US President Donald Trump has dismissed reports of leaks claiming his adviser and son-in-law Jared Kushner tried to set up secret communications with Moscow as "fake news".
Returning to the US over the weekend after his first official tour overseas as president, Mr Trump responded to accusations Mr Kushner - who is married to his daughter Ivanka - had contacts with Moscow in December about opening a secret back channel of communications.
Kushner, 36, a real estate developer with no previous government experience, had at least three previously undisclosed contacts with the Russian ambassador to the United States during and after the 2016 presidential campaign, seven current and former US officials have told Reuters.
Taking his outrage to Twitter, Mr Trump said it was his opinion many of the White House leaks were "fabricated lies made up by the #FakeNews media".
It is my opinion that many of the leaks coming out of the White House are fabricated lies made up by the #FakeNews media.— Donald J. Trump (@realDonaldTrump) May 28, 2017
Whenever you see the words 'sources say' in the fake news media, and they don't mention names....— Donald J. Trump (@realDonaldTrump) May 28, 2017
....it is very possible that those sources don't exist but are made up by fake news writers. #FakeNews is the enemy!— Donald J. Trump (@realDonaldTrump) May 28, 2017
The Republican president returned on Saturday to the White House after a nine-day trip to the Middle East and Europe to face more questions about alleged communications between Jared Kushner and Russia's ambassador to Washington.
The White House faces mounting questions about potential ties between Russia and Trump's presidential campaign, which are also the subject of criminal and congressional investigations. Trump officials were preparing to establish a "war room" to address the issue that has begun to dominate his young presidency.
The New York Times reported he was expected to meet with lawyers as early as Sunday, quoting aides.
Contacts between Trump associates and Russian officials during the campaign coincided with what US intelligence agencies concluded was a Kremlin effort - through computer hacking, fake news and propaganda - to boost Mr Trump's chances of winning the White House.
White House officials defended the concept of secret communications channels without commenting specifically on the Kushner case. National security adviser H R McMaster told reporters on Saturday that so-called back-channeling was not unusual.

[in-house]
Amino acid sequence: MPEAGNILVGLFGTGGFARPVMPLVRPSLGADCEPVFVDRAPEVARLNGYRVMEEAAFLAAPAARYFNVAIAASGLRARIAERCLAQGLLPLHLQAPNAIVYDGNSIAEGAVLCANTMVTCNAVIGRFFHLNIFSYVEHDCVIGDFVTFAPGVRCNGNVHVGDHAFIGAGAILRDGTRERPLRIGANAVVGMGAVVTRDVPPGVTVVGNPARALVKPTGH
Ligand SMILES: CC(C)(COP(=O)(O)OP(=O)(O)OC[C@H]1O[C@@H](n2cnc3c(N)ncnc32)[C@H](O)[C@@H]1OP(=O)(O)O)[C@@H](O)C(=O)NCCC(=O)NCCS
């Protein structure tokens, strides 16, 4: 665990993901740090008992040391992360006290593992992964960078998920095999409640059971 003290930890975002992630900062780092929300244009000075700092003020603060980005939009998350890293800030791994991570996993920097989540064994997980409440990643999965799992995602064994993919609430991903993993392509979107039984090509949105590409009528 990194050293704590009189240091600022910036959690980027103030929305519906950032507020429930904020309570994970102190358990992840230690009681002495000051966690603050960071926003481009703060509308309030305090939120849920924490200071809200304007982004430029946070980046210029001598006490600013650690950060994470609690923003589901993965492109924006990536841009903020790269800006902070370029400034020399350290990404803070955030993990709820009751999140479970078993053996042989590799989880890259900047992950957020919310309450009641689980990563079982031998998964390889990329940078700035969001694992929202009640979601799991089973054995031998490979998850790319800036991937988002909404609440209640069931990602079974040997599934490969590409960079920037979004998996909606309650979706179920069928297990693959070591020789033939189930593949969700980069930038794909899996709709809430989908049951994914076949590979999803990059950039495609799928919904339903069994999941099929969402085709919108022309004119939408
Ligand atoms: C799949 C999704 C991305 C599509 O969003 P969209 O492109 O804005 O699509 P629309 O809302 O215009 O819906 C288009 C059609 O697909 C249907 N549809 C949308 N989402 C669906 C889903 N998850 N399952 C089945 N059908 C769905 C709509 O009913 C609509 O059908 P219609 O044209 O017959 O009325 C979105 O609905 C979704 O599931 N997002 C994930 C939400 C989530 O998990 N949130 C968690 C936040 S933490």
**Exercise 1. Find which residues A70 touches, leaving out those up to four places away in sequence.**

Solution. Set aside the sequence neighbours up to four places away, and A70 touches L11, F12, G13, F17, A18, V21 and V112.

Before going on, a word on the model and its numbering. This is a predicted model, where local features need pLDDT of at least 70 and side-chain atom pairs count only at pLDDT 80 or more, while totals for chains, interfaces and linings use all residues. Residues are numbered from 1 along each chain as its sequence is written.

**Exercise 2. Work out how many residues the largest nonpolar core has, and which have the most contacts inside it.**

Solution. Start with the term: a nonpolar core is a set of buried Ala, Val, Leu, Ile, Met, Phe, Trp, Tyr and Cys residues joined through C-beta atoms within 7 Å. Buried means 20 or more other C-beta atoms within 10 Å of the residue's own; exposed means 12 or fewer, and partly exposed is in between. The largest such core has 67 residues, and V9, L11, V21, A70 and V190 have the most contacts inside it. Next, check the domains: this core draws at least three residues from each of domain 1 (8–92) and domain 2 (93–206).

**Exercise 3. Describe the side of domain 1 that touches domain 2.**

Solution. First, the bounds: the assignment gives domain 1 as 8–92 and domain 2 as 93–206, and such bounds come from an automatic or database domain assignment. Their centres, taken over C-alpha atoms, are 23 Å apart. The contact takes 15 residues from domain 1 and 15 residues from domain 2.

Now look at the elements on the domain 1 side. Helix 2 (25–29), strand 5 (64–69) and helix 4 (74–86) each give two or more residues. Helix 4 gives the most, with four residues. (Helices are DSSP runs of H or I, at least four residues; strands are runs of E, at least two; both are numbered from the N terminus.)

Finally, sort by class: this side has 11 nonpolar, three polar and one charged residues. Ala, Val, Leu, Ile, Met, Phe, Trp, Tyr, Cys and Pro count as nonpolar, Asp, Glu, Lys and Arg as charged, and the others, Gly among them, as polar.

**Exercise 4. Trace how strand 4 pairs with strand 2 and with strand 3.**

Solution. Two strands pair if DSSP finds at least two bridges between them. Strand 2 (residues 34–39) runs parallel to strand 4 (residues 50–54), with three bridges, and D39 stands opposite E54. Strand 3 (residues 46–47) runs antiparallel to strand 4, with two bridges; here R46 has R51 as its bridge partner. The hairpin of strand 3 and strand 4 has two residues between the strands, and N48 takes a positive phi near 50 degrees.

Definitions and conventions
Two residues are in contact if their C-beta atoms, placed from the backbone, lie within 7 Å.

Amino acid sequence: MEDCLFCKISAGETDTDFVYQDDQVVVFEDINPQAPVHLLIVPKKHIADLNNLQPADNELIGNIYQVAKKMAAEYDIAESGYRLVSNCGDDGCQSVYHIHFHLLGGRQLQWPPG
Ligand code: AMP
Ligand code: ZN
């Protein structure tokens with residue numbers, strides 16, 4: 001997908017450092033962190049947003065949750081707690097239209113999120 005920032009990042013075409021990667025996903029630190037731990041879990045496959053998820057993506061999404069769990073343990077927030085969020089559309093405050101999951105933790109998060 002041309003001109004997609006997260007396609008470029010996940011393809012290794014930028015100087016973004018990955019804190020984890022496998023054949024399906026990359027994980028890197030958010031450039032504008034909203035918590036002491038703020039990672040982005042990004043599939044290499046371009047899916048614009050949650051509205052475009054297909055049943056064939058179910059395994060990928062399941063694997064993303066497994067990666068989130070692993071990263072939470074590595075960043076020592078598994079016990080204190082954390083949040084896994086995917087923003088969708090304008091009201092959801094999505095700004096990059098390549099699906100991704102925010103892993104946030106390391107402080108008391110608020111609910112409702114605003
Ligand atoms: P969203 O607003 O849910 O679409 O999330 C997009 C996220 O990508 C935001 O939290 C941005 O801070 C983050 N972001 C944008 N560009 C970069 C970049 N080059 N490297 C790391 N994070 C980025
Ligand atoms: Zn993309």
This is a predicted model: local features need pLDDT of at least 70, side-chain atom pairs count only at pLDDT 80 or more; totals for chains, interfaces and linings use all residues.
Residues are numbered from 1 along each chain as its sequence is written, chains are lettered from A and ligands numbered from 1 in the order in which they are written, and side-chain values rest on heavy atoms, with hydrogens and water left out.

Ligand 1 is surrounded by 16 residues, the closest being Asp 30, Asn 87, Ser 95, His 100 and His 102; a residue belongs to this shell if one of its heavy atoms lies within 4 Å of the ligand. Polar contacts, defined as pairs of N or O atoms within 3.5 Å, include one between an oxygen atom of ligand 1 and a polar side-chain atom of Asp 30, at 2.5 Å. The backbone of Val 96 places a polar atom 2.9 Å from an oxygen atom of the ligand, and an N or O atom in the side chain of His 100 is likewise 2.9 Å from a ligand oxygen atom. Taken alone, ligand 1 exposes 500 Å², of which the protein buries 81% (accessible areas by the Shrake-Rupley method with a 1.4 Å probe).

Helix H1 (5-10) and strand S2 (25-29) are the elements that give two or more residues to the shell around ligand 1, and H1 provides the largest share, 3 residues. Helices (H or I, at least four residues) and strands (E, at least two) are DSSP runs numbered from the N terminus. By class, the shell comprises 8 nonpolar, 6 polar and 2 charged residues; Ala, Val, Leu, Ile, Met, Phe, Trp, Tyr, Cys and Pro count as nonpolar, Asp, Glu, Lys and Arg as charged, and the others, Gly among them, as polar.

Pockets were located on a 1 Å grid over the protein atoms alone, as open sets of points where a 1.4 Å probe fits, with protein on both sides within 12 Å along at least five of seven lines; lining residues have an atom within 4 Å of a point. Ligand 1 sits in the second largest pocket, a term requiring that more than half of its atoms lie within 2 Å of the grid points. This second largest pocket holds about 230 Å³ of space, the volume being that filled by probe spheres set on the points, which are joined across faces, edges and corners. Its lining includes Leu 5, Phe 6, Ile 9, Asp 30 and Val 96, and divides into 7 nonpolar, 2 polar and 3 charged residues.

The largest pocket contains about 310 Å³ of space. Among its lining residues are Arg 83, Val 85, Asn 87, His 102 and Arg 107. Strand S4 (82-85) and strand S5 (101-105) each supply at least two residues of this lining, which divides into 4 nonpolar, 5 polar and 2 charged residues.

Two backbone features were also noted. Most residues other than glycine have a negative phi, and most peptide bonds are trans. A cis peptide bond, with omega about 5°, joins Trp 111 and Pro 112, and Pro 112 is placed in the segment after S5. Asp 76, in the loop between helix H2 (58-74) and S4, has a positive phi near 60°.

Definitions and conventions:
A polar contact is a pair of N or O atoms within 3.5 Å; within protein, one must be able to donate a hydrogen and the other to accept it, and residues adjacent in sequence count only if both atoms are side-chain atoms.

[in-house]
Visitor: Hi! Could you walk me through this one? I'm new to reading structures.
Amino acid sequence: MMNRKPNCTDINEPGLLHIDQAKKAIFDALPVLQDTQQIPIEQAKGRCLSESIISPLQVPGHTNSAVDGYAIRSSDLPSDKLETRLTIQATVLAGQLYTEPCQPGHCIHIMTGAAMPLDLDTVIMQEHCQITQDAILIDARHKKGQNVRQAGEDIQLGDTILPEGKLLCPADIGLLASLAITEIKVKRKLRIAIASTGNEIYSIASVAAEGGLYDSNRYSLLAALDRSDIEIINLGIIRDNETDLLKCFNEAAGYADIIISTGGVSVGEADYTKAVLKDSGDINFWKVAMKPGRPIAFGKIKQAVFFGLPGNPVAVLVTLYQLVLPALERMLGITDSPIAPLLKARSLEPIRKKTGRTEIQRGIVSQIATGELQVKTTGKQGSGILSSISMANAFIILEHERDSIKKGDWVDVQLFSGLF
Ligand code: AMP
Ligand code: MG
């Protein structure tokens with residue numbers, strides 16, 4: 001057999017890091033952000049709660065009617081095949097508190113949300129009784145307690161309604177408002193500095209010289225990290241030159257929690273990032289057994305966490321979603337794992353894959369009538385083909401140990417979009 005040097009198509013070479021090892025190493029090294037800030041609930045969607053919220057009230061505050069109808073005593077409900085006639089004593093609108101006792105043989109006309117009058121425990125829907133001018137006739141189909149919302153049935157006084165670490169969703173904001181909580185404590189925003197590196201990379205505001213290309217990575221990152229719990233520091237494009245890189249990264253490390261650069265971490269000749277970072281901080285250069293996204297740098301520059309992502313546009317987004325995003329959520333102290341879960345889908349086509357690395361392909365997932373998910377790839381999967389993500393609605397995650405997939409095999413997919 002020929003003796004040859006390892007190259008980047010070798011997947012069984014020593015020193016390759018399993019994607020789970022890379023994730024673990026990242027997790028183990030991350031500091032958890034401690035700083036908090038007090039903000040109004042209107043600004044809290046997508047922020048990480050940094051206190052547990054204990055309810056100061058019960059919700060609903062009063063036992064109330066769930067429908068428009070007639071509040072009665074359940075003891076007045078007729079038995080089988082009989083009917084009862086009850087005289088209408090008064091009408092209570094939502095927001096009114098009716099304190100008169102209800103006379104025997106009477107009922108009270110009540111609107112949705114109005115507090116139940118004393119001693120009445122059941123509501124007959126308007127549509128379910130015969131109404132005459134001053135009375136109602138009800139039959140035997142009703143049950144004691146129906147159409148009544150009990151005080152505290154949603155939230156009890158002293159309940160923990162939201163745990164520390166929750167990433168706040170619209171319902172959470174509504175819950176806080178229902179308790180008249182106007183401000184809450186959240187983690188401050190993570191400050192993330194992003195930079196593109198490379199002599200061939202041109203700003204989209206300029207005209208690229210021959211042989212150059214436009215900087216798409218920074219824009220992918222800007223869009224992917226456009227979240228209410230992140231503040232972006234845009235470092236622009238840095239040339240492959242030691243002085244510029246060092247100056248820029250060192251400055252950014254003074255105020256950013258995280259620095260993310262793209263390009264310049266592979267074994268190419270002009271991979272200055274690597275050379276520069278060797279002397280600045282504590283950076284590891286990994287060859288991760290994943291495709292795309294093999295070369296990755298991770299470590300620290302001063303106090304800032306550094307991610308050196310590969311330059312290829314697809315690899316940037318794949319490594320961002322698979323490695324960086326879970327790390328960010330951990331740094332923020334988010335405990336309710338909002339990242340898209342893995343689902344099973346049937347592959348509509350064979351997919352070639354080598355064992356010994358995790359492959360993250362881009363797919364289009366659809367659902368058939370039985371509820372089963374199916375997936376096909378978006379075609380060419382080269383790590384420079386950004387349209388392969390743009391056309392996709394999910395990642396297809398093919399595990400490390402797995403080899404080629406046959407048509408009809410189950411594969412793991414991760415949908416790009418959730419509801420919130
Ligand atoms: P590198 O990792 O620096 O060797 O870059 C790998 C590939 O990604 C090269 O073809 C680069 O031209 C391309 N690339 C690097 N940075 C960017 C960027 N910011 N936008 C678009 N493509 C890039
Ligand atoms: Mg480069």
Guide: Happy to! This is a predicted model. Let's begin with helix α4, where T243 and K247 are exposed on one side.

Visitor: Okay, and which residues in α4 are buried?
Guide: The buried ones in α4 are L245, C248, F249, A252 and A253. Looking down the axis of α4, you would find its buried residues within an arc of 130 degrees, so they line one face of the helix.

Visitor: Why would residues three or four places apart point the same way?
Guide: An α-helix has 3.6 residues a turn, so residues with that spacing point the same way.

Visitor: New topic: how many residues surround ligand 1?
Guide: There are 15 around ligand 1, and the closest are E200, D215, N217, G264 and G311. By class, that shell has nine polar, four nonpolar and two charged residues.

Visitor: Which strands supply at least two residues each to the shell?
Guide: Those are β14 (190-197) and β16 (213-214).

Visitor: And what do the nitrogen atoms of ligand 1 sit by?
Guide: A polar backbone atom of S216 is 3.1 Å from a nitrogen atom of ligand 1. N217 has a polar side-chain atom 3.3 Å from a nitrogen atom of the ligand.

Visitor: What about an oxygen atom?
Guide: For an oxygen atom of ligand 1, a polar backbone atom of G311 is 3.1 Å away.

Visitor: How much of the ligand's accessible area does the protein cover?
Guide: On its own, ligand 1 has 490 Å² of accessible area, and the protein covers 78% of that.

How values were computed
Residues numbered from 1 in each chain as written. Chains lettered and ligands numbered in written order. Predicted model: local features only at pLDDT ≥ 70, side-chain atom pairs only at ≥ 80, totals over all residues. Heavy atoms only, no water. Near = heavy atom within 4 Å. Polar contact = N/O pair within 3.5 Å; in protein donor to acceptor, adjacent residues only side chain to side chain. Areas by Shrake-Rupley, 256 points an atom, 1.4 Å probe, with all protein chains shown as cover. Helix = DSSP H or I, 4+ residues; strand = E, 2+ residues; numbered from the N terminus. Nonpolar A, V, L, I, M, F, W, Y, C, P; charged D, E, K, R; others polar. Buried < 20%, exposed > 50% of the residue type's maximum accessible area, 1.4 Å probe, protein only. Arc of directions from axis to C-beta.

Shortly after Mr Trump's remarks, Homeland Security Secretary John Kelly made the rounds of Sunday television news shows to praise any so-called back channel communications, especially with Russia, as "a good thing".
Mr Kelly, the homeland security secretary, carried the same message on Sunday.
"It's both normal, in my opinion, and acceptable," he said on ABC's This Week.
"Any way that you can communicate with people, particularly organisations that are maybe not particularly friendly to us, is a good thing."
Mr Kelly told Fox News Sunday there was nothing wrong with the Trump transition team trying to build relationships with the Russians as they prepared to take over the White House.
US Representative Adam Schiff, the top Democrat on the House Intelligence Committee, said such secret channels may be used in situations including peace talks with the Taliban in Afghanistan or for the release of American hostages.
"But for people associated with the campaign after that campaign has ended and where the Russians during that campaign were helping you, to try to establish a back channel and hide it from your own government, that's a serious allegation," he said.
Mr Schiff was particularly concerned about a Washington Post report that the back channel would have been conducted at a Russian diplomatic facility to avoid monitoring in US communications systems.
"You have to ask, well, who are they hiding the conversation from?" he said on ABC.
Mr Schiff said he expected Mr Kushner to appear before his committee, and suggested his security clearance be reviewed.
Mr Kushner initially had come to the attention of FBI investigators last year as they began scrutinising former national security adviser Michael Flynn's connections with Russian officials, two sources told Reuters.
Republican US Senator Lindsey Graham told CNN he doubted the Kushner reports were accurate. Senator Bob Corker, chairman of the Foreign Relations Committee, noted that Kushner has been willing to answer questions.
"They reached out to us yesterday to make sure that we knew that was the case and I'm sure he's willing to do so, Mr Corker said on NBC's Meet the Press.
Former director of national intelligence James Clapper took a darker view of contacts with representatives of Russian President Vladimir Putin.
"My dashboard warning light was clearly on and I think that was the case with all of us in the intelligence community - very concerned about the nature of these approaches to the Russians," Mr Clapper told NBC's Meet The Press.
Though he had not seen evidence of collusion when he stepped down on 20 January, Clapper said all the signs made an FBI investigation not only appropriate but necessary.
"Russia, at least for my money, is our primary adversary," he told NBC. "They are not our friends. They are in to do us in."